• U.S.

Medicine: Capsules, Jul. 13, 1953

1 minute read

¶ Secretary Oveta Culp Hobby dedicated the $64 million Clinical Center of the National Institutes of Health at Bethesda, Md., designed to bring research primarily in chronic diseases to the patient’s bedside (TIME, July 2, 1951). It has 500 beds, 1,100 laboratory rooms. First patients, women with cervical cancer, were due this week.

¶ Irritated by hucksters’ exaggerated claims for tooth powders and pastes containing “antienzymatic agents, chlorophyll, ammonia and urea,” as well as antibiotics, the Journal of the American Dental Association said editorially: “Many of these . . . superclaims are on the same low level as those made for discredited cancer cures and arthritis remedies.”

¶ To measure how much nicotine cuts down circulation in the hands and feet, Dr. Morris T. Friedell of Chicago’s Cook County Hospital made 100 volunteers slightly radioactive and put a radiation counter at their fingertips. Of the 79 who had a reaction after smoking a test cigarette, the women showed almost twice as great a change in fingertip blood flow as the men. But, surprisingly, some of the women showed increased blood flow. Dr. Friedell’s conclusions: filtering cigarettes is a good idea, and women need the filtering more than men.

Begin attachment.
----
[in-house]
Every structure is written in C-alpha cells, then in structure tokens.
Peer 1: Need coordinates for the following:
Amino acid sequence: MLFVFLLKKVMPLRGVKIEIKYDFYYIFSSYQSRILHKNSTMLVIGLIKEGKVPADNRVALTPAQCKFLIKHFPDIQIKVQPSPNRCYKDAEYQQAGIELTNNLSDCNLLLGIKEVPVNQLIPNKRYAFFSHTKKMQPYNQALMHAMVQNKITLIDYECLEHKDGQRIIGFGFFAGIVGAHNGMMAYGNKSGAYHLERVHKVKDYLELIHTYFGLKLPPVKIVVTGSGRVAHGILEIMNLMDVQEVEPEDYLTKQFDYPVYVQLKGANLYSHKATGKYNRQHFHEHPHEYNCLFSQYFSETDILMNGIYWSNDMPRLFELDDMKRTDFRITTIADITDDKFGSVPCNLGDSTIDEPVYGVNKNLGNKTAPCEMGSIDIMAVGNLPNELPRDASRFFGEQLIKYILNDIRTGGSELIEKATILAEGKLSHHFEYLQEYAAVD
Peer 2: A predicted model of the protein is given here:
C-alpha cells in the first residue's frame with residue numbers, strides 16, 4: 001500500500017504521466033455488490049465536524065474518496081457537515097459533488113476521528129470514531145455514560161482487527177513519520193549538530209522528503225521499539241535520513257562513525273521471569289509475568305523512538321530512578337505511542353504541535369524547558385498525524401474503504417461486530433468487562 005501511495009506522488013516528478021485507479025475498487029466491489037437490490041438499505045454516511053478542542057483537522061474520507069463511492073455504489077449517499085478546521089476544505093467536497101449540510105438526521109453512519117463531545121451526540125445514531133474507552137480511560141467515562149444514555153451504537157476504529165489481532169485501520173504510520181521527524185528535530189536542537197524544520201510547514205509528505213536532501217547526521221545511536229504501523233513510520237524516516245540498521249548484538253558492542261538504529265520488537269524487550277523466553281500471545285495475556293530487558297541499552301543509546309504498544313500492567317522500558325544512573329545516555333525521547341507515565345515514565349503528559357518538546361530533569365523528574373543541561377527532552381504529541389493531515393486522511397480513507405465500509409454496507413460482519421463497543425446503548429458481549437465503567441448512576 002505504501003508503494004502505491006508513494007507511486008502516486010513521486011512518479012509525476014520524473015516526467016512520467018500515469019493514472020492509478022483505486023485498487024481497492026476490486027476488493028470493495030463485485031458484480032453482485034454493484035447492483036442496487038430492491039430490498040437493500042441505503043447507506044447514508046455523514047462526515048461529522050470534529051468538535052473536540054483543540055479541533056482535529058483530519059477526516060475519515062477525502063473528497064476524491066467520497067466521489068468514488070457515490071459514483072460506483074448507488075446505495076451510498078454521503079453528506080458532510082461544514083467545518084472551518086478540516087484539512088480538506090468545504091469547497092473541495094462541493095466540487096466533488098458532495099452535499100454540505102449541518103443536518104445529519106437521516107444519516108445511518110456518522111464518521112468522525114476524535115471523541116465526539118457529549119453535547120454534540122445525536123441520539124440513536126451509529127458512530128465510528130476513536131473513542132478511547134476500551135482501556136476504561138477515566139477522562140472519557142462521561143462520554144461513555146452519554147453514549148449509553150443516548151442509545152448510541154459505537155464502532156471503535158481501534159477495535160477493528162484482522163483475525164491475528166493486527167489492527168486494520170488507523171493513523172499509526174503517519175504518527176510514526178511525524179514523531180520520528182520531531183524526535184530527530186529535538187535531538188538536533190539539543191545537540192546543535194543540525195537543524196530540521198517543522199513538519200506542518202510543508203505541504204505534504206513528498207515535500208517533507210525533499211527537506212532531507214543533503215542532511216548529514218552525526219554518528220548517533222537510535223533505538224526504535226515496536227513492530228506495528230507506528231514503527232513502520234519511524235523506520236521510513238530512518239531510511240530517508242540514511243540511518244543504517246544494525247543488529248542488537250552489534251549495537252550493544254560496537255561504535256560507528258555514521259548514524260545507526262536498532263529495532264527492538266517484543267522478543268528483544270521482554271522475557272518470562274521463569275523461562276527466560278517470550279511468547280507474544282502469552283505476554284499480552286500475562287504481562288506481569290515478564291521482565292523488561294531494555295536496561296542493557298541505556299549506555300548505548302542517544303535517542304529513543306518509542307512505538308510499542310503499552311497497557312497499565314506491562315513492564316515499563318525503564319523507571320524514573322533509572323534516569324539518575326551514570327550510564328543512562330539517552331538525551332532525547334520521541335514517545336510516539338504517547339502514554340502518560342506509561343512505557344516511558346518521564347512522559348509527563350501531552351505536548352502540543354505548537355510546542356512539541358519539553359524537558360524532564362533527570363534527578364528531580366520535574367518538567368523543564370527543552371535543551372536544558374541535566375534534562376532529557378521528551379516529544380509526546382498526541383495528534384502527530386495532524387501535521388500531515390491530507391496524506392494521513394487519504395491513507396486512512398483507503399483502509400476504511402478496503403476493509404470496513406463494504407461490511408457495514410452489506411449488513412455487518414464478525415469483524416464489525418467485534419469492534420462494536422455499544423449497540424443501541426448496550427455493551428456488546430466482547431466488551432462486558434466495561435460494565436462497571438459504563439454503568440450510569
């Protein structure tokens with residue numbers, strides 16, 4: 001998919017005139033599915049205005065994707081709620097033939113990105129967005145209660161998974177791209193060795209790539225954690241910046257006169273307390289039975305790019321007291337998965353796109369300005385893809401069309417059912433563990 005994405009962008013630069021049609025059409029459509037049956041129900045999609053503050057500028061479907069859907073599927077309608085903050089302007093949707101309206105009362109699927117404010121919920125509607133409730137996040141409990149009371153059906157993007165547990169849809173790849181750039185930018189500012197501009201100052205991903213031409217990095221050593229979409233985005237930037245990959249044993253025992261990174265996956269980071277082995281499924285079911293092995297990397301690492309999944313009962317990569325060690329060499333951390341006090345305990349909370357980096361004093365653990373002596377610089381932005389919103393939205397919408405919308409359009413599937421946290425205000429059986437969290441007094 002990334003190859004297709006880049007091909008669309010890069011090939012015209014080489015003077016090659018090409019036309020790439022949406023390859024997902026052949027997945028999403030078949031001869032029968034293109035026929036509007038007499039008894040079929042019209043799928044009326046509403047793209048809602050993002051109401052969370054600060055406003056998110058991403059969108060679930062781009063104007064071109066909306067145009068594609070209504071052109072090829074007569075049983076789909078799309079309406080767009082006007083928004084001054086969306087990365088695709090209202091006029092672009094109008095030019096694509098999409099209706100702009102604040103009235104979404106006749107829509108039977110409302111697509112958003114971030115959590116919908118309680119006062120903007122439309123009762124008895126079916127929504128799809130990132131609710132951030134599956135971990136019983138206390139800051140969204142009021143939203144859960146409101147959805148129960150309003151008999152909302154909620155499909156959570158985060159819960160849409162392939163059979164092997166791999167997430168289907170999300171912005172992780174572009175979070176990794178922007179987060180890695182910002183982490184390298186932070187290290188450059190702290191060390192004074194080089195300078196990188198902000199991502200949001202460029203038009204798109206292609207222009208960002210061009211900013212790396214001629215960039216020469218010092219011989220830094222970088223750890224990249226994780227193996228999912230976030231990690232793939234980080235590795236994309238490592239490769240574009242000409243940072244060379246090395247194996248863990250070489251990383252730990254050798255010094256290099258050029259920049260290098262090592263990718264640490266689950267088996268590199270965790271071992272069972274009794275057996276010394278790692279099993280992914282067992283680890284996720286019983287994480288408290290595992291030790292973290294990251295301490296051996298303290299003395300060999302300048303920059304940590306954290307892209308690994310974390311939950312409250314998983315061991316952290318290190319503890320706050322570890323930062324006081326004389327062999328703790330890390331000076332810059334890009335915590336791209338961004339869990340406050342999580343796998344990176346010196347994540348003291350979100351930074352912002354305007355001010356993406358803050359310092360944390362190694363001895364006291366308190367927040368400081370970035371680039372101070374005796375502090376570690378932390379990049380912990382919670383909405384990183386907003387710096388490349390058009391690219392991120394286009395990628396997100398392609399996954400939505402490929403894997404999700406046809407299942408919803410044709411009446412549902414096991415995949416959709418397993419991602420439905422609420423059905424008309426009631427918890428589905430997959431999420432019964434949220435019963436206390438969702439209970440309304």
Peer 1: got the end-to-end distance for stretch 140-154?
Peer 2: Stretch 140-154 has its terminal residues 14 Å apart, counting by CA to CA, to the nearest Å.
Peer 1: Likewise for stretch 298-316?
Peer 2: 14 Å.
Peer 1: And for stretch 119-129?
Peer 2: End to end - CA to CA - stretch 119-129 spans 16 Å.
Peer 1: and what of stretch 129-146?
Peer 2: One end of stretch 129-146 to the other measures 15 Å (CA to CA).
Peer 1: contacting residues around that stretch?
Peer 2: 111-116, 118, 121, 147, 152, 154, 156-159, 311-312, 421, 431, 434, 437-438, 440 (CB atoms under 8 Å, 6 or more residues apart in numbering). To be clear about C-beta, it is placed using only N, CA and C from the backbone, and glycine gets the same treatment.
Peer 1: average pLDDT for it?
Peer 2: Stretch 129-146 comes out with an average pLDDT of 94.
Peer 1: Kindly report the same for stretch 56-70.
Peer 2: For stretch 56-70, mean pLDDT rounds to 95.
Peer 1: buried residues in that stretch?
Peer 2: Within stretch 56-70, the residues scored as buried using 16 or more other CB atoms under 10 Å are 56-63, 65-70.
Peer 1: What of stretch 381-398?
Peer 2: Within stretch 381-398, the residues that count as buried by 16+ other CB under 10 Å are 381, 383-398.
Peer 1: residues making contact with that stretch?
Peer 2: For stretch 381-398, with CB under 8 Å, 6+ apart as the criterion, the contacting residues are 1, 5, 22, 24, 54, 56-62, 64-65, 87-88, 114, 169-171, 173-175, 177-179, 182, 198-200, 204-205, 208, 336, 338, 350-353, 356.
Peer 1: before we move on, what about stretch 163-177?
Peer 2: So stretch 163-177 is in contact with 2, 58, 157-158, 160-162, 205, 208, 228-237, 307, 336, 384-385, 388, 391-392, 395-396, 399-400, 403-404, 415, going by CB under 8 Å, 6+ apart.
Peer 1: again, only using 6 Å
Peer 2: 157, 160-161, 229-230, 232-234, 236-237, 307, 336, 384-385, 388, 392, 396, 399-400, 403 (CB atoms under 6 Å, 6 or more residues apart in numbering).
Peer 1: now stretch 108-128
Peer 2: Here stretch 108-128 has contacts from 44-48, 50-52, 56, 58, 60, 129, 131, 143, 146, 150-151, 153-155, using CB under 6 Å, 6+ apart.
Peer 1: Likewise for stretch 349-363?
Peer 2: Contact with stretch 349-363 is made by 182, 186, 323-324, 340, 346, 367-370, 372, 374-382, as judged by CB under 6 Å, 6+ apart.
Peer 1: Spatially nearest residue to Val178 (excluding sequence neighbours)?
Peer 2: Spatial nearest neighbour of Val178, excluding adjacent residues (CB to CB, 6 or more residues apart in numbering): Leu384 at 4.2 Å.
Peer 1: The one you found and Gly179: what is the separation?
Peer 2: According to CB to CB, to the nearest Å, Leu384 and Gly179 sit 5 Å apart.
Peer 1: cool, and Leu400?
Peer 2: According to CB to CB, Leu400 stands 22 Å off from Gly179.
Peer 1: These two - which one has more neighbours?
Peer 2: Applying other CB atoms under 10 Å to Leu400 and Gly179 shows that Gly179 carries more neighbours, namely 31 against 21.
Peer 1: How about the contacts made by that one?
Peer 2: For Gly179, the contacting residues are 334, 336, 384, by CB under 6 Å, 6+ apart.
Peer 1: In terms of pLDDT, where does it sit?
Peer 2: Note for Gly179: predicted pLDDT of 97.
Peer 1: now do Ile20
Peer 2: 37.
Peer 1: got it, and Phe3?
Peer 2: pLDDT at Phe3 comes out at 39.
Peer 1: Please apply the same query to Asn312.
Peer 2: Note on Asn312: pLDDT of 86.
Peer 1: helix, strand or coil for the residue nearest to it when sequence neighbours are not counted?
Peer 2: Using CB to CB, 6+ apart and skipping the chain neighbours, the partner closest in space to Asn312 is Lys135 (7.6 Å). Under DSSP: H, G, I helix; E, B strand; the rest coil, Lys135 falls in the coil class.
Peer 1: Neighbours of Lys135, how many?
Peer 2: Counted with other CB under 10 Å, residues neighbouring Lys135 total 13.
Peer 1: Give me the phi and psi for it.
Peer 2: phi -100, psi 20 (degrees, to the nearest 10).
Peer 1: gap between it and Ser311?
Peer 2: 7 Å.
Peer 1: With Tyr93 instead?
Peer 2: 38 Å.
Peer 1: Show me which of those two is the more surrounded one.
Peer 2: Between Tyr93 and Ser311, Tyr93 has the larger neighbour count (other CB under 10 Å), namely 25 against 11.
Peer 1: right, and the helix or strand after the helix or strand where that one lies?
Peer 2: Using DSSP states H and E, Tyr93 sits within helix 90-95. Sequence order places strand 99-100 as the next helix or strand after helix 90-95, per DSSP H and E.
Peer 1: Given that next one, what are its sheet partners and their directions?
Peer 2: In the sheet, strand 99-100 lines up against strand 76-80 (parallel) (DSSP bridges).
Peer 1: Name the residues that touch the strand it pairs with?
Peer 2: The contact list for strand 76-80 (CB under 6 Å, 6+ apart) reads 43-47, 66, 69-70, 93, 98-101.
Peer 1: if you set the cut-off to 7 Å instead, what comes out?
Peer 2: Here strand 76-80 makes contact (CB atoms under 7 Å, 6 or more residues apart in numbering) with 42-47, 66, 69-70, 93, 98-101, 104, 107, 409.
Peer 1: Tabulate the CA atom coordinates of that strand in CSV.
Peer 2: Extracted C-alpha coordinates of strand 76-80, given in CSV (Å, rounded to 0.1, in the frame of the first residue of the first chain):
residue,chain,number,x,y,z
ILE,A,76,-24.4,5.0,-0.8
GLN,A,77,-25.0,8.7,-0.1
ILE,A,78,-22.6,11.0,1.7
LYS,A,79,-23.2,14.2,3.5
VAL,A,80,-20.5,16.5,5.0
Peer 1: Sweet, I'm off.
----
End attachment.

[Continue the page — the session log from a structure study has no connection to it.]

More Must-Reads from TIME

Contact us at letters@time.com